Skijoring is derived from a Norwegian word that roughly translates as "ski driving," and the activity dates back to when both animals and skis were used as basic transportation.

For hundreds of years, Laplanders harnessed reindeer to pull people on skis, according to Skijor International. By the 19th century, horse-pulled skiers were delivering military dispatches in Nordic countries.

With its Scandinavian heritage, it's not surprising that equine skijoring once was a popular pastime in Minnesota. Old newspaper accounts report that horse skijorers raced at Lake Como in 1917 as part of the St. Paul Winter Carnival.

In 1928, skijoring made its sole appearance as a demonstration sport at the Winter Olympics, with a flat, frozen lake race in St. Moritz, Switzerland.

In the 1930s, people were skijoring behind horses on Lake of the Isles in Minneapolis, as part of a Carleton College winter sports carnival and by Breck students using the school's horses.

But by 1964, the Minneapolis Star reported that the practice of using horsepower to ski had all but disappeared in Minnesota, "apparently displaced by modern chair lifts, rope tows and other mechanical assists."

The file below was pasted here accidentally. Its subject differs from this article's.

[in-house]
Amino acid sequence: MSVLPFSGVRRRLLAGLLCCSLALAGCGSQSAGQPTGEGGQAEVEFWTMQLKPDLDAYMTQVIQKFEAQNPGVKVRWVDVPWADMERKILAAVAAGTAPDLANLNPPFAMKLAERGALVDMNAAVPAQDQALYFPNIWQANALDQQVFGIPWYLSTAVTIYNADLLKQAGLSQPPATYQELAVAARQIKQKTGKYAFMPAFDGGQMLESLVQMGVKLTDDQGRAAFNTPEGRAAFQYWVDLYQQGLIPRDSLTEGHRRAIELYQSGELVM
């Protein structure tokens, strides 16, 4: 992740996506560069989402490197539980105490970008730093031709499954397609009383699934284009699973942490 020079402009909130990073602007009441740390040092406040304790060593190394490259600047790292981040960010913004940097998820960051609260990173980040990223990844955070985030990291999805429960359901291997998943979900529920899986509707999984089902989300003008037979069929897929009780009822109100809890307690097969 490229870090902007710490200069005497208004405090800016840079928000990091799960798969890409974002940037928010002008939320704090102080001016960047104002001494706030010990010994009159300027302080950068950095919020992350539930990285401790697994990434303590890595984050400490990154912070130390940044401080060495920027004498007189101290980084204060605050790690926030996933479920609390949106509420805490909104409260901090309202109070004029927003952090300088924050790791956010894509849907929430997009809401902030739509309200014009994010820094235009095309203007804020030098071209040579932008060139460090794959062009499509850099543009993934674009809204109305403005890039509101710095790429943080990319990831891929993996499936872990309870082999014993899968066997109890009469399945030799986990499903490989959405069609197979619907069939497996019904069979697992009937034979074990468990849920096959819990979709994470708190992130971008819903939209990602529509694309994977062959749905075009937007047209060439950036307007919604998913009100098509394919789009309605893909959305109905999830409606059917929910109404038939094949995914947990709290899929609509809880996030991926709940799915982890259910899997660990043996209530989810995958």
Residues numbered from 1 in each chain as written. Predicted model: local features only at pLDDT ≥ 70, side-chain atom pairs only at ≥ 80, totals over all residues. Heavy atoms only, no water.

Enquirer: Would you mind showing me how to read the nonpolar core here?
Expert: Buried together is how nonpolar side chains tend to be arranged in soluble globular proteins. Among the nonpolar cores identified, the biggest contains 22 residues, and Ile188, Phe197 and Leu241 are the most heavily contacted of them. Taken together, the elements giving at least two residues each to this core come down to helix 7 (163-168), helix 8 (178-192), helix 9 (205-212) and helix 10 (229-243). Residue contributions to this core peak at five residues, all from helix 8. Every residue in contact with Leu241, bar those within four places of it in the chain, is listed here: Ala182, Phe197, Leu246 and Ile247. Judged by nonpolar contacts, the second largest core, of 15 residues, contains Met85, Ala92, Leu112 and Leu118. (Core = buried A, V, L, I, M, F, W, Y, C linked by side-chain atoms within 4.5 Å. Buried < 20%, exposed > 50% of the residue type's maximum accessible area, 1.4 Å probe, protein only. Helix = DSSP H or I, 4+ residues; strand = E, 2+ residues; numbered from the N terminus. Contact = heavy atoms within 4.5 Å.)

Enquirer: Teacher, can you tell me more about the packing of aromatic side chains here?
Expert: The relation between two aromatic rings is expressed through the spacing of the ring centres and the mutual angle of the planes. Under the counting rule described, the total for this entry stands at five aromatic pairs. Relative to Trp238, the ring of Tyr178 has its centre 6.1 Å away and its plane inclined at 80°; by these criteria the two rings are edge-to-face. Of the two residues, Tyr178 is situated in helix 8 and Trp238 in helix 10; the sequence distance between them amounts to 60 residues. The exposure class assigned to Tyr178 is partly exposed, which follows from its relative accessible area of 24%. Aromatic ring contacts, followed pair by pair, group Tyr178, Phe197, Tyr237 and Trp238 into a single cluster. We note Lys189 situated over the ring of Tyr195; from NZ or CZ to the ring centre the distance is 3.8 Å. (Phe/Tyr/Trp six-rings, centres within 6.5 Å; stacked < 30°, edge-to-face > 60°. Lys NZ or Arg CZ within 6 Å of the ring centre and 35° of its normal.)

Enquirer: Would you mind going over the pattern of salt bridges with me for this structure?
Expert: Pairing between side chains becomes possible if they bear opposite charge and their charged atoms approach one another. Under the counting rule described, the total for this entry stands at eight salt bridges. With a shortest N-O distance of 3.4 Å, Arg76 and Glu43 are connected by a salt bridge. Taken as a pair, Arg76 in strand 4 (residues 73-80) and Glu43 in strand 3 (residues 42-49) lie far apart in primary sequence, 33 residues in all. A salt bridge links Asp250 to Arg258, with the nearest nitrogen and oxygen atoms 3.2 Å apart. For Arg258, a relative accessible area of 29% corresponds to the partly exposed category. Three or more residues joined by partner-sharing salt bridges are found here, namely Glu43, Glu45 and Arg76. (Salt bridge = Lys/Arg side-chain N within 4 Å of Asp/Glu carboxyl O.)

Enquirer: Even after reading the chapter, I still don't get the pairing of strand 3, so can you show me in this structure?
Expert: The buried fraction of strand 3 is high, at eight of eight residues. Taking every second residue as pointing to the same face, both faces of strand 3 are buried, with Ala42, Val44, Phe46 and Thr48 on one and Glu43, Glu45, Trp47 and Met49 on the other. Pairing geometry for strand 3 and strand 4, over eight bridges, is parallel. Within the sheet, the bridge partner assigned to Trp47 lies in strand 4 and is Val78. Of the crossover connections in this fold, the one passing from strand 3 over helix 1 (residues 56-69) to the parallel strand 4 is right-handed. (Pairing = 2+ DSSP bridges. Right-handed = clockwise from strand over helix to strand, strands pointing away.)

The sport seems to have moved out West, where, in the 1950s, cowboy skiers started skijoring after a guy in Leadville, Colo., bragged there wasn't a horse fast enough to lose him on a pair of skis, according to one history of the sport's "modern era."

The boast led to a race in Leadville (that's now held every year) on a snow-covered main street. From there, the sport spread to other Western states, New England, even Montreal.

Equine skijoring's return to Minnesota with Extreme Horse Skijoring at Canterbury Park will feature the modern, obstacle-course skijoring format used out West, with heats in novice, youth, snowboarding and open divisions.

Richard Chin

Want to see a video of a reporter giving it a try? Go to To see a dog-driven version of skijoring, go to